Another gauge of Americans’ mood — the University of Michigan’s consumer sentiment index — rose this month to the highest level since July.

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Coal industry on track for record low in mining deaths

LOUISVILLE, Ky. (AP) — Amid layoffs and idled operations, the U.S. coal industry is close to setting a record low for on-the-job deaths in coal mines. In late December, there were 11 deaths in coal mines nationwide for the year, putting the industry on track to best the record low of 16 set in 2014.

Bruce Watzman, a spokesman for the National Mining Association, said the industry has had a heightened focus on safety with a goal of zero fatalities. He said the reduction in mine employment in recent years may also be a factor in the record low deaths.

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DuPont moves ahead on job cuts ahead of Dow merger

DuPont will cut 1,700 jobs in its home state of Delaware and thousands more globally as it prepares for its merger with Dow Chemical.

Dow and DuPont announced earlier this month that they would join to create a giant chemical producer that will eventually be split into three independent companies.

At that time, DuPont announced a $700 million cost savings and restructuring program but did not specify how many jobs would be impacted or where. DuPont CEO Ed Breen sent a letter to employees Tuesday informing them that approximately 1,700 Delaware positions would be eliminated in the beginning of the year.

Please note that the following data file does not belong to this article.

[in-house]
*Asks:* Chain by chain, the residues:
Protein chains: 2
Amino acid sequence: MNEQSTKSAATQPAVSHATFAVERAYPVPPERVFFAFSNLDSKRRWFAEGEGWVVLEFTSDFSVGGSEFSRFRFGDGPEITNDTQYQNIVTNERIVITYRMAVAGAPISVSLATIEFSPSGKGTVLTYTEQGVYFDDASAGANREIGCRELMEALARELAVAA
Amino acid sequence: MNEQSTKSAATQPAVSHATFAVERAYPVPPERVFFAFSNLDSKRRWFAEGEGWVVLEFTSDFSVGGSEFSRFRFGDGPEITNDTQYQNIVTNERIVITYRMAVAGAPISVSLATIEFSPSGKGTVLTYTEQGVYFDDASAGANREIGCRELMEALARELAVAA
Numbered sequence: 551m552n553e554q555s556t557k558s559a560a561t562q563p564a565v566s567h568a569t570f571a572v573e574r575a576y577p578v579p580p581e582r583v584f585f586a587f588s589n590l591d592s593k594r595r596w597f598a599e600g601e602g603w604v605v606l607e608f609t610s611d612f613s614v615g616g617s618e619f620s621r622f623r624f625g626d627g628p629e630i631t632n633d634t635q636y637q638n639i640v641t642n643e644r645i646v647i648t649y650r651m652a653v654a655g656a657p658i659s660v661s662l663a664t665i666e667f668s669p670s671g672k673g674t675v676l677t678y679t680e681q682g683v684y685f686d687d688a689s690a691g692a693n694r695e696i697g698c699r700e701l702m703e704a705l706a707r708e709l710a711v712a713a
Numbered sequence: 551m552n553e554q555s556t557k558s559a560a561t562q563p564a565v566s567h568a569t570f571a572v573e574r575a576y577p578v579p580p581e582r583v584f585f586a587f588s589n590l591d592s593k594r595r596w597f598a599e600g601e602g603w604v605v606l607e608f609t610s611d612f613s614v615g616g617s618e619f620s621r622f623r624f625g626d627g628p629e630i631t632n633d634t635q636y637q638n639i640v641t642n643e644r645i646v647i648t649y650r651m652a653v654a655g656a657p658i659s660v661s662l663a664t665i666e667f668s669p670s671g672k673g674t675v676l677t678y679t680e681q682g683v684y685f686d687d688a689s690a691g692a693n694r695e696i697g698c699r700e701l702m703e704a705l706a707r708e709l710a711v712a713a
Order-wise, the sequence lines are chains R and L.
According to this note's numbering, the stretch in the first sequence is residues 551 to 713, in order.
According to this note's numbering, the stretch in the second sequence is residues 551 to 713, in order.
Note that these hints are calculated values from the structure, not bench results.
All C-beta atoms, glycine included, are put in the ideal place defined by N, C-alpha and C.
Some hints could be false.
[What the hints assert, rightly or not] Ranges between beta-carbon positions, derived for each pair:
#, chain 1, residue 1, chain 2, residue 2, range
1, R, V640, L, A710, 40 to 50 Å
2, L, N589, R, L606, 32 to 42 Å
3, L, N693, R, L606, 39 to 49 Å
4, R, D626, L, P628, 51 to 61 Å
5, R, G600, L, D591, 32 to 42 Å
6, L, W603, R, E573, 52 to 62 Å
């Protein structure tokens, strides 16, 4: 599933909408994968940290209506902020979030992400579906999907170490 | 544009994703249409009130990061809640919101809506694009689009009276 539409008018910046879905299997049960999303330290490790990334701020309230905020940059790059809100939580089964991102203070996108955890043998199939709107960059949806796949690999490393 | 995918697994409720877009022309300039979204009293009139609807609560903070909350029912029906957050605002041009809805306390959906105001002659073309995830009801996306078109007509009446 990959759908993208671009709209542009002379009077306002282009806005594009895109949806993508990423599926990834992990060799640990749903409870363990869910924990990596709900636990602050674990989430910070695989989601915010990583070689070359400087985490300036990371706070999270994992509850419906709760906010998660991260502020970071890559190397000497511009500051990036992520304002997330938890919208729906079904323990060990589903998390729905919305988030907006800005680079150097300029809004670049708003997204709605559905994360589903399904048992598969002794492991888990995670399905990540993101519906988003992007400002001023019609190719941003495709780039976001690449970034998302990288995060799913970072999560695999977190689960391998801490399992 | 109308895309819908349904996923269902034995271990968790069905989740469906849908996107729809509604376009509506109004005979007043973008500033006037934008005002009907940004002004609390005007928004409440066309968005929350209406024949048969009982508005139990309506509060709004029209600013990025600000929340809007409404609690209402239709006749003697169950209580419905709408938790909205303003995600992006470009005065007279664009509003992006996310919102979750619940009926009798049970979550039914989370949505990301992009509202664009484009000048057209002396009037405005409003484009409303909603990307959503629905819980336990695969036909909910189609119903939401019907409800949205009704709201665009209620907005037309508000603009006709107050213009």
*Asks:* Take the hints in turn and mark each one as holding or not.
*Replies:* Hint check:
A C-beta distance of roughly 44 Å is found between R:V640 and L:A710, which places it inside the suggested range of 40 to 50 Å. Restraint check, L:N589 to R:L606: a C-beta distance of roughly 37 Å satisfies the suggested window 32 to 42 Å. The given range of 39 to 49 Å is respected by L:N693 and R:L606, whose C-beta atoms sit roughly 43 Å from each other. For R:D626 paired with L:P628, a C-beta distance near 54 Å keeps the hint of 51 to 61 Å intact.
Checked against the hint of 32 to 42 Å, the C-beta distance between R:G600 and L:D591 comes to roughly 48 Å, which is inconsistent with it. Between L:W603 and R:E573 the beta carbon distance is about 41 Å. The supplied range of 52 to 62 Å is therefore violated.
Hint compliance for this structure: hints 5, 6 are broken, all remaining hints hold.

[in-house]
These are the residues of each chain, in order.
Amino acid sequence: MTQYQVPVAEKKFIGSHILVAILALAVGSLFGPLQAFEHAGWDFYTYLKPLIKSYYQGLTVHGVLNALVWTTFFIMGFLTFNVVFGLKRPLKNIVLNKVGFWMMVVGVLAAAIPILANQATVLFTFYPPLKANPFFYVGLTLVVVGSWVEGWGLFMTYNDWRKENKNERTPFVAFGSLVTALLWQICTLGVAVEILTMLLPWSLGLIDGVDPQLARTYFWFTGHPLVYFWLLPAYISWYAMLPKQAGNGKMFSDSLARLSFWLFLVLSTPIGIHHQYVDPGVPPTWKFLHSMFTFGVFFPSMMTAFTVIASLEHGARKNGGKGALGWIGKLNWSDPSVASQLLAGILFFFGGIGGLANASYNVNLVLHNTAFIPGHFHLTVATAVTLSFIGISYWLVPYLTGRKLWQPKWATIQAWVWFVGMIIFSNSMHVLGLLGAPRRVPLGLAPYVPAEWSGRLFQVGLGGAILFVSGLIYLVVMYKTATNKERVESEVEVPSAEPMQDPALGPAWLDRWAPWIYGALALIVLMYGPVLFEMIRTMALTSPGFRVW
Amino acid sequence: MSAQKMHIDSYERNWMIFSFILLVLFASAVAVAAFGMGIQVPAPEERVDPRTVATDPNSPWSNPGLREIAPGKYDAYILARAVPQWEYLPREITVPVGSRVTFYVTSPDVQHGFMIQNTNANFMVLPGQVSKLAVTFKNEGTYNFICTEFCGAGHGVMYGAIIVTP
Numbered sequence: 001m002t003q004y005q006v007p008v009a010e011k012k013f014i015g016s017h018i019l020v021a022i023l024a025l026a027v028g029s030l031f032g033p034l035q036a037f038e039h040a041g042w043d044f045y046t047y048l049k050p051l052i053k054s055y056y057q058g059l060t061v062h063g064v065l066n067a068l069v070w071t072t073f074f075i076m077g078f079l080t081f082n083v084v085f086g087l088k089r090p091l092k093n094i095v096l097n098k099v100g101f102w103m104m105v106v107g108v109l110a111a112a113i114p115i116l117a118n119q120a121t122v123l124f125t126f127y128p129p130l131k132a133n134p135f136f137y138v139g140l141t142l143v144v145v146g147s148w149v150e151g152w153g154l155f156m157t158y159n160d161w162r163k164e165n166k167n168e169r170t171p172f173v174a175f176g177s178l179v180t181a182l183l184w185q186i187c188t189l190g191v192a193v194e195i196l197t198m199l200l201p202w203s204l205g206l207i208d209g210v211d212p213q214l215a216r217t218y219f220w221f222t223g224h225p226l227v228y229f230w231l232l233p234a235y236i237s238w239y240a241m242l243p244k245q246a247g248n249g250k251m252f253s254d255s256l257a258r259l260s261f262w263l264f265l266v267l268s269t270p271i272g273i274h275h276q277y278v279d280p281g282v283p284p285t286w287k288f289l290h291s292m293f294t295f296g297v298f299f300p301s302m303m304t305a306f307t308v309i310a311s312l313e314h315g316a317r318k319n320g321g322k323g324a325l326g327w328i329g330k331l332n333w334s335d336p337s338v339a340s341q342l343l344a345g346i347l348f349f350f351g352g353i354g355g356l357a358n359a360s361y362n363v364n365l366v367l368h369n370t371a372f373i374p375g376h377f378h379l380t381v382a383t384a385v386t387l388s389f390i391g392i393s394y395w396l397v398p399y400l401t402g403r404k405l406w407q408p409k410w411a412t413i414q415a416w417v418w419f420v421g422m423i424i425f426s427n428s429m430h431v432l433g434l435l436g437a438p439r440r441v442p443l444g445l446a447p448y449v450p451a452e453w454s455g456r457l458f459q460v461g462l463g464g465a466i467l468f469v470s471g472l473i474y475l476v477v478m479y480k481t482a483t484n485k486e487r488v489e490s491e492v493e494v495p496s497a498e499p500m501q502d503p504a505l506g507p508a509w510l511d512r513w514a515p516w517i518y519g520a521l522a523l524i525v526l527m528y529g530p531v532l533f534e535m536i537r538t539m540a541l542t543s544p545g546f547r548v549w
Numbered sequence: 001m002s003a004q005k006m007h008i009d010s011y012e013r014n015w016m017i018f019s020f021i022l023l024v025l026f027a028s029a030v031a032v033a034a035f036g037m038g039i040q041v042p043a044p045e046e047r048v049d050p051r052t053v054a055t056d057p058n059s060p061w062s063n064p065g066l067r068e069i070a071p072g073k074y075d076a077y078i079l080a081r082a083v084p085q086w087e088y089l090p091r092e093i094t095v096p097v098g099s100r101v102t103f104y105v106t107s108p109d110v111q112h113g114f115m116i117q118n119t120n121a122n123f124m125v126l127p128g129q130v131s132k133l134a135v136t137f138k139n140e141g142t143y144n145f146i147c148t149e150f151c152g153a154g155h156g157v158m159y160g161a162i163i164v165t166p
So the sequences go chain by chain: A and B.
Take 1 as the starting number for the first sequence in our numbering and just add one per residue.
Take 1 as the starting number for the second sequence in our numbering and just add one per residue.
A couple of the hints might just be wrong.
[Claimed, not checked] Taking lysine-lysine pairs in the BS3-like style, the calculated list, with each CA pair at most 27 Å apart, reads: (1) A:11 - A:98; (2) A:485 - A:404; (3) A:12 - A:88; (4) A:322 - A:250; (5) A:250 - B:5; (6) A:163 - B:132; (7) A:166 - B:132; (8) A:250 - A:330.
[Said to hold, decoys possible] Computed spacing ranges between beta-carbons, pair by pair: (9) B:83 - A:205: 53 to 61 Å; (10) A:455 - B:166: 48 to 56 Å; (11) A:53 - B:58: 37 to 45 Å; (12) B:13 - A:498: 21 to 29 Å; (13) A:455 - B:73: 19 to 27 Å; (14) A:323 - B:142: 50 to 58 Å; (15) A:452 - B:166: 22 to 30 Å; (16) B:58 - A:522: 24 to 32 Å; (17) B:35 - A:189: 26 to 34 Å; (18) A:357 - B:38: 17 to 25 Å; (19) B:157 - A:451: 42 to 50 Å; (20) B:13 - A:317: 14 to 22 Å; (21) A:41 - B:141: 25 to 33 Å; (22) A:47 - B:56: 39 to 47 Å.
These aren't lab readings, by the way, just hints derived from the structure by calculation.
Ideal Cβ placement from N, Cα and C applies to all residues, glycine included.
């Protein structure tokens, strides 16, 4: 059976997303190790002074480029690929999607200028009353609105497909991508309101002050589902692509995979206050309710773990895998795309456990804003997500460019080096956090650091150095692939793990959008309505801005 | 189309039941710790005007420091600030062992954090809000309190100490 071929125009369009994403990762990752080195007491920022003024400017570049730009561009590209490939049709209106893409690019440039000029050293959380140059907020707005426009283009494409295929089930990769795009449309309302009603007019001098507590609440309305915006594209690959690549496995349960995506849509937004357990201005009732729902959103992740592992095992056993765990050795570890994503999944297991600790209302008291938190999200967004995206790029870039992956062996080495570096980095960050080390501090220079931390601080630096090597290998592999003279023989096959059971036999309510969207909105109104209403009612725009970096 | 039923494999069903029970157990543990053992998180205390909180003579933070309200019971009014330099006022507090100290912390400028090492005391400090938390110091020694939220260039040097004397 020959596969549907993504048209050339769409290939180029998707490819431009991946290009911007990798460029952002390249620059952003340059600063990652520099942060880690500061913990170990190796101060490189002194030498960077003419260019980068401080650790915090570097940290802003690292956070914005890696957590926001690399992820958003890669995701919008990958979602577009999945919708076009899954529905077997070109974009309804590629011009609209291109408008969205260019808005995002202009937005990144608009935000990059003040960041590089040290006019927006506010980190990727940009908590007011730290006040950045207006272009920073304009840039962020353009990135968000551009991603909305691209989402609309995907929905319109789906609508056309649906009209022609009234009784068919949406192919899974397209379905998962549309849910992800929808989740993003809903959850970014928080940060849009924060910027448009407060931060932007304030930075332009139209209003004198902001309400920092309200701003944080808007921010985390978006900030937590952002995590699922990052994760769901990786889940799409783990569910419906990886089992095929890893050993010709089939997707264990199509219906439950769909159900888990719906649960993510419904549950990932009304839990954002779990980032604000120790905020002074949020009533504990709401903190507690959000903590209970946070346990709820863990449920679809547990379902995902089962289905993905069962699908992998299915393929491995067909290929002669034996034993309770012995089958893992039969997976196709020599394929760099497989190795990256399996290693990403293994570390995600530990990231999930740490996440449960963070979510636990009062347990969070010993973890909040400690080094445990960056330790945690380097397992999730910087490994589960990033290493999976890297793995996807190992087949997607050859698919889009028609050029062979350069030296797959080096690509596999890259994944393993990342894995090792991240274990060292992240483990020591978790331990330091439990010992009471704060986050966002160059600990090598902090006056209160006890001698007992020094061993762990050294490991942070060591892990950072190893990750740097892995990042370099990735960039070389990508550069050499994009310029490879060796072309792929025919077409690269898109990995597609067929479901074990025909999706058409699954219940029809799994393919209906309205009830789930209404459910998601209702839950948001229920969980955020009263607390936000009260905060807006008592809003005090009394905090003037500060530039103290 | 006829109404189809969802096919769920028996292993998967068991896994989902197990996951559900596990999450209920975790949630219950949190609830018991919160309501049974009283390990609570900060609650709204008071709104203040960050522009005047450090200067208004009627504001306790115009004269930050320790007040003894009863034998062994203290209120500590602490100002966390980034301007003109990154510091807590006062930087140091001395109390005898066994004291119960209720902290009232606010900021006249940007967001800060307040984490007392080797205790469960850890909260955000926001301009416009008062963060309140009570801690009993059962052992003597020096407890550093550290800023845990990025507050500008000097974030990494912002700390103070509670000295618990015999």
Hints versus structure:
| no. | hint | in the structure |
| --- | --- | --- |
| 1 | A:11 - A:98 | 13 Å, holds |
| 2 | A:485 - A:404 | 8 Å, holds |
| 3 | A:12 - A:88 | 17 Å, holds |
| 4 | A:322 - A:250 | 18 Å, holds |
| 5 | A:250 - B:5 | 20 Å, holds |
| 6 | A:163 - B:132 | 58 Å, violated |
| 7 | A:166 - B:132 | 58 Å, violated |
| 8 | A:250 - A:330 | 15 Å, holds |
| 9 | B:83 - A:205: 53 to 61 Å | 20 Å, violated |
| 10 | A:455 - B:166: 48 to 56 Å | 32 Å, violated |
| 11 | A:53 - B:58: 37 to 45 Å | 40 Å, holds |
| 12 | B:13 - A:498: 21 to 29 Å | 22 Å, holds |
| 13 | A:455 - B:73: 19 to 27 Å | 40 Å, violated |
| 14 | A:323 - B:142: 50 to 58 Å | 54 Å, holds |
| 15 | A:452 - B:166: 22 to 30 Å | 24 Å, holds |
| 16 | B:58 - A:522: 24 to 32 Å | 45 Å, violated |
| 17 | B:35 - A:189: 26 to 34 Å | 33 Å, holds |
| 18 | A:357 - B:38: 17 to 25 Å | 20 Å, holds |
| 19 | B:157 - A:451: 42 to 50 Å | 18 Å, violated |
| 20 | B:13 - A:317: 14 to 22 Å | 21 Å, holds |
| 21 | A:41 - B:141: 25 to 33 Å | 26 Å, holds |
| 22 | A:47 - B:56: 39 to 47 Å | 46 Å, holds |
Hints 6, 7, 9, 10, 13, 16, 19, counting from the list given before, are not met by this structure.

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KaloBios says it is appealing Nasdaq delisting

NEW YORK (AP) — KaloBios, the biotech company formerly run by Martin Shkreli, says that it is appealing a decision by Nasdaq to delist the company from its stock market.

San Francisco-based KaloBios was notified last week that Nasdaq would move to delist the company’s stock because of Shkreli’s arrest and several other issues.

Shkreli was charged with securities fraud earlier this month. KaloBios subsequently fired him as CEO and he resigned from its board.

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Macy’s recalls 2 Martha Stewart frying pans after injuries

NEW YORK (AP) — Macy’s is recalling two Martha Stewart brand frying pans after customers said small metal discs popped off the pans and caused bruises, burns and welts.

The U.S. Consumer Product Safety Commission said Tuesday that there were seven reports of metal discs flying off the frying pans and three reports of injuries. The metal discs cover the rivets that attach the pan to the handle.

The 8-inch and 10-inch frying pans were sold as part of a Martha Stewart Collection 10-piece stainless steel cookware set. The sets cost about $170 and were sold at Macy’s stores and its website for four years until September. The sets were also sold for $90 at shops on military bases.

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The Dow Jones industrial average rose 192.71 points, or 1.1 percent, to 17,720.98. The Standard & Poor’s 500 index gained 21.86 points, or 1.1 percent, to 2,078.36. The Nasdaq composite added 66.95 points, or 1.3 percent, to 5,107.94.

Benchmark U.S. crude rose $1.06, or 2.9 percent, to close at $37.87 a barrel on the New York Mercantile Exchange. Brent crude, which is used to price international oils, gained $1.17, or 3.2 percent, to close at $37.79 a barrel in London. In other energy trading in New York, wholesale gasoline rose 4.3 cents, or 3.5 percent, to $1.276 a gallon, heating oil rose 3.9 cents, or 3.6 percent, to $1.23 a gallon, and natural gas jumped 14.4 cents, or 6.5 percent, to $2.372 per 1,000 cubic feet.